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Greg Hansen: 'Pop' was the father of athletics at UA

Greg Hansen: 'Pop' was the father of athletics at UA

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Pop McKale in 1912, a year after he moved to Tucson and two years before he started at the UA.

In celebration of Arizona's centennial, the Star is featuring our picks for the 100 best athletes, moments and teams. Throughout the summer, we have been showcasing our list. Here is the second of Greg Hansen's top 10.

Pop McKale

Pop McKale, his wife Ada and three daughters lived at 801 E. Second Street, which is now a parking lot adjacent to the University Marriott hotel.

His first UA office, 5 feet by 5 feet, was at Herring Hall, a converted gymnasium which is now 108 years old and used by the College of Agriculture for general storage.

His first game as Arizona's football coach, in 1914, was played on the school's all-dirt field against the Douglas YMCA. His team's yearly budget was $575.

His 1914 team had no nickname and a mere 17 players, and was later described by letterman Orville "Speedy" McPherson as "17 men who were mostly hard-muscled from working on farms, ranches and in the mines."

This was starting at the bottom, or lower.

This was one man, James Fred "Pop" McKale, building, shaping and sustaining an athletic department for the coming century.

"It wouldn't have been possible without Mac," the late Swede Johnson, McKale's onetime student athletic manager and later a university vice-president, told me at the UA's 1994 homecoming weekend. "Without his direction, our athletic department could've been closer to those like NAU or New Mexico State."

In 1956, forced to retire when he neared the UA's then-mandatory retirement age of 70, McKale had been ahead of the crowd, the master builder of athletic departments in the Southwest. Imagine what changes he brought:

• The UA built its first true basketball arena, Bear Down Gym, in 1926.

• Its football stadium, built in 1929, was often sold out, with 27,000 fans.

• Its baseball program, which he started on a $10-a-year budget, was considered a perennial Top 10 squad.

The late Carl Cooper, a Tucson High grad who coached football and track at Arizona in the '50s and '60s and played for McKale from 1935 to 1939, told me that Arizona's emergence as the top athletic department in the Southwest was almost inconceivable.

"We never had an extra dime," he said in a 1996 interview. "But Mac always had a vision to be something special, something beyond the athletic departments in Albuquerque and El Paso and Tempe. He was talking about getting into the Pac-8 with USC and UCLA in the '50s."

McKale died in 1967. Serving in a consulting role for a few years in a small office at the UA Library, he suggested that the school would need to add a third tier, 20,000 seats, to Arizona Stadium. It did in 1976.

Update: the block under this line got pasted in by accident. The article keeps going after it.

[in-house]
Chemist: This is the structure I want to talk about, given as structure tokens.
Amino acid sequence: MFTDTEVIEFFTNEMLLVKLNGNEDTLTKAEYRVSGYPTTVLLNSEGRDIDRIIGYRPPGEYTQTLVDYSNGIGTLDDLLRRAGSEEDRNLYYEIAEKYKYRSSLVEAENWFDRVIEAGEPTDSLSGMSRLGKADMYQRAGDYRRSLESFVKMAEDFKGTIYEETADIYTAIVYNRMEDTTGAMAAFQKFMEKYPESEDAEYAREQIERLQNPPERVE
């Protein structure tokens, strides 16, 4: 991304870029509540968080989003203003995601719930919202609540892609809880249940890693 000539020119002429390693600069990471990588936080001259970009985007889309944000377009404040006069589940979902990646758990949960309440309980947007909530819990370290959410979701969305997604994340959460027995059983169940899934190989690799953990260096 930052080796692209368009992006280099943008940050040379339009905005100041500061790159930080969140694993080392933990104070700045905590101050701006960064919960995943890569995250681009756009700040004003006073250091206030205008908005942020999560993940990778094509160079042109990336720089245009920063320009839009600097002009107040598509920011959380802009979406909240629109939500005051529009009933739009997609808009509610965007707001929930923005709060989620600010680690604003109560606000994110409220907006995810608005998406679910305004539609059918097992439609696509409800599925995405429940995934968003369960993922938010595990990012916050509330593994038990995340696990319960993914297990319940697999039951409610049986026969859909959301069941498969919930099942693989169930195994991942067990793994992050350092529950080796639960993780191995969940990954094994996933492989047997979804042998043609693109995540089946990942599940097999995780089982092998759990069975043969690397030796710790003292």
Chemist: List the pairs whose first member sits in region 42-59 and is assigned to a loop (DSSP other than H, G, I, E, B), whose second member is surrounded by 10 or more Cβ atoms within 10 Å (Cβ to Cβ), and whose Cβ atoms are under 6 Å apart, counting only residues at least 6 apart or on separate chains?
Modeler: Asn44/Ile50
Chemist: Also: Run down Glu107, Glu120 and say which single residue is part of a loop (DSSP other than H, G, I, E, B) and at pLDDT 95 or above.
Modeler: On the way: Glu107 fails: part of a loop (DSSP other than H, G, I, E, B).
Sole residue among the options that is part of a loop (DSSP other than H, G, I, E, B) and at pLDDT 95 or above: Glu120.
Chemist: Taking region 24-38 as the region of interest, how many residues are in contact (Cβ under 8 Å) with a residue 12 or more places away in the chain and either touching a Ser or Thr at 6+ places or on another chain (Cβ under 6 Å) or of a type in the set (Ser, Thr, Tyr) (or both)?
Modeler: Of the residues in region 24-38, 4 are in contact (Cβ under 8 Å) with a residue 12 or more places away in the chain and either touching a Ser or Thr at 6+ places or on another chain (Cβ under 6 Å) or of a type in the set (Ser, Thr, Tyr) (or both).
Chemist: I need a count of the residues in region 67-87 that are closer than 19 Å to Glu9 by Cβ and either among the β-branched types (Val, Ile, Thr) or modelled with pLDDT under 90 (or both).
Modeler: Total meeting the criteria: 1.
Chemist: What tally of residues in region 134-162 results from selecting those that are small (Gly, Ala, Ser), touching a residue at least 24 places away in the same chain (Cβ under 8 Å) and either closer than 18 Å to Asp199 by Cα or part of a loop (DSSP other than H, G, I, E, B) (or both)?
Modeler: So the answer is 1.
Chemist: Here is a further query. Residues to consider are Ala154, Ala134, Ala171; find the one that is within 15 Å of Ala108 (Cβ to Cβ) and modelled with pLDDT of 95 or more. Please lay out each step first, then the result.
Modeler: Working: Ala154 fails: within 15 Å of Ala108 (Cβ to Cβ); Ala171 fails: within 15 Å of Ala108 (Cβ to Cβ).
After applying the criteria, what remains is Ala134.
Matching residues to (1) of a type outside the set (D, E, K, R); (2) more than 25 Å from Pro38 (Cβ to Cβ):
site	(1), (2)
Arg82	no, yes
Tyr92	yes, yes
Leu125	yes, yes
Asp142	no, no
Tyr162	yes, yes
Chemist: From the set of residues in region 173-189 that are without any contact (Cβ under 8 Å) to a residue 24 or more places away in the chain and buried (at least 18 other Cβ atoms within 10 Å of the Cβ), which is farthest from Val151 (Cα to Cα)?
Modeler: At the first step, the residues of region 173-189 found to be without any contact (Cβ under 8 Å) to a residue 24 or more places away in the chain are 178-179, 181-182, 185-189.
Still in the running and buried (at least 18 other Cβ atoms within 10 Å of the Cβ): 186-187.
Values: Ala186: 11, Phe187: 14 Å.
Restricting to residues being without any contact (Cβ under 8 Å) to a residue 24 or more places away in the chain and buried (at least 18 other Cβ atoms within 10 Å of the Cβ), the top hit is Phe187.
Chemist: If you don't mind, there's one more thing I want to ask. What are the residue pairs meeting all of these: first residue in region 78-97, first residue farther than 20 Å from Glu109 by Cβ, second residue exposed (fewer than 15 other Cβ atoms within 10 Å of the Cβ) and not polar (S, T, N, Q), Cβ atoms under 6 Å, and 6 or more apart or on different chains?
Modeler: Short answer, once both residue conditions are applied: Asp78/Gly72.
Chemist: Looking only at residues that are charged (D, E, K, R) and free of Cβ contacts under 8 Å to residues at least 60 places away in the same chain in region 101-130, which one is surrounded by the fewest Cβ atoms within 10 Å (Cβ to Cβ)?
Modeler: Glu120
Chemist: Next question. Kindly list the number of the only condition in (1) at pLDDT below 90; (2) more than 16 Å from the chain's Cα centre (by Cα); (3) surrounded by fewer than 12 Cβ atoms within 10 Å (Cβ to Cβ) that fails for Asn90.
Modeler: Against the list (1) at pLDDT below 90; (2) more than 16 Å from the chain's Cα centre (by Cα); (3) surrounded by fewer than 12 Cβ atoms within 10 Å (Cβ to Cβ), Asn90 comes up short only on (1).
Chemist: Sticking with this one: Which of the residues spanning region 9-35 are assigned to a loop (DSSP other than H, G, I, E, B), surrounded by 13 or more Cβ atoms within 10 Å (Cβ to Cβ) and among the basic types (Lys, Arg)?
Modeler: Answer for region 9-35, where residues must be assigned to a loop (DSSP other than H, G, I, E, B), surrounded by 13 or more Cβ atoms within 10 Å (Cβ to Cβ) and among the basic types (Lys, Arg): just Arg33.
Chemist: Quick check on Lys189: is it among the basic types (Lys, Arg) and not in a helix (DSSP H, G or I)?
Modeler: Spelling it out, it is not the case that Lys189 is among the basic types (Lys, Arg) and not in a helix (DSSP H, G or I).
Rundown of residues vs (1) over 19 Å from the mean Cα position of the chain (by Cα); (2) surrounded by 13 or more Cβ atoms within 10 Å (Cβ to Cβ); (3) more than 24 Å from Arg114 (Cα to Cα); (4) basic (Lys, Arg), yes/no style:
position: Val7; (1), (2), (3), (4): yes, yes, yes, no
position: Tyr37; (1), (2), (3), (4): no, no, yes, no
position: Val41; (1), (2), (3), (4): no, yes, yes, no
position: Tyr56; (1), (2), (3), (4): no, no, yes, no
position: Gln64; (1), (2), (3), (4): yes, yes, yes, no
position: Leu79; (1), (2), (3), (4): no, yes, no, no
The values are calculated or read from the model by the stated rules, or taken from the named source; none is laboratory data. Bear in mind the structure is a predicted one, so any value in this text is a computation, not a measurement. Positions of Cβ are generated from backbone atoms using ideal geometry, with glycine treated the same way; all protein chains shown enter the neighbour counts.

He had lobbied for more than a decade to build what became McKale Center, which was dedicated in 1973 and given his name.

"Pop had no fear. He didn't run a loose ship," Ted Keil, a UA grad who was McKale's student manager in the late 1940s, told me in a 1999 interview. "He was in command."

McKale's arrival in Tucson was total serendipity.

After getting his chemistry degree at Albion (Mich.) College in 1910, he taught school in Superior, Wis., for a year and then was offered a minor-league contract to play baseball for the Minneapolis franchise of the old American Association. They intended to dispatch McKale to Walla Walla, Wash. He chose to be a schoolteacher.

After growing up in Lansing, Mich., the son of a deputy sheriff, McKale had a touch of wanderlust. He knew that a fellow Albion grad, Harold Steele, was the principal of Tucson High School.

After reading about a THS teaching/coaching vacancy in a trade periodical, he wrote to Steele and was hired via telegram. He arrived in Tucson by train in 1911. The first thing he noticed was that there was no pavement, no road or sidewalks, in the dusty territorial town.

In a sense, he would be one of those who helped to pave those roads.

McKale was 24 the day he arrived in Tucson. The next 56 years played out like something from a movie.

He taught history and chemistry and helped to build the first football field at the high school. On his first Thanksgiving as a Tucsonan, his high school team stunned the UA junior varsity 11-0.

Here's what this newspaper reported the next day: "Coach McKale has his boys afraid of him. If any one of them makes a blunder, out he comes. The high school team has learned to play fast and sure; Coach McKale certainly deserves credit for the championship team he has developed."

Two years later, a group of UA students submitted a petition to hire the high school coach as their own after McKale's Tucson High team defeated Arizona in baseball. On June 2, 1914, the school hired him to coach all sports and gave him a salary of $1,700 per year.

He stayed for 42 years.

"To me," former Tucson High and UA football player and later THS head coach Rollin Gridley said in the 1970s book "They Fought Like Wildcats," "McKale was like a God."

In many ways, building the UA athletic program from the ground up, he almost had to be.

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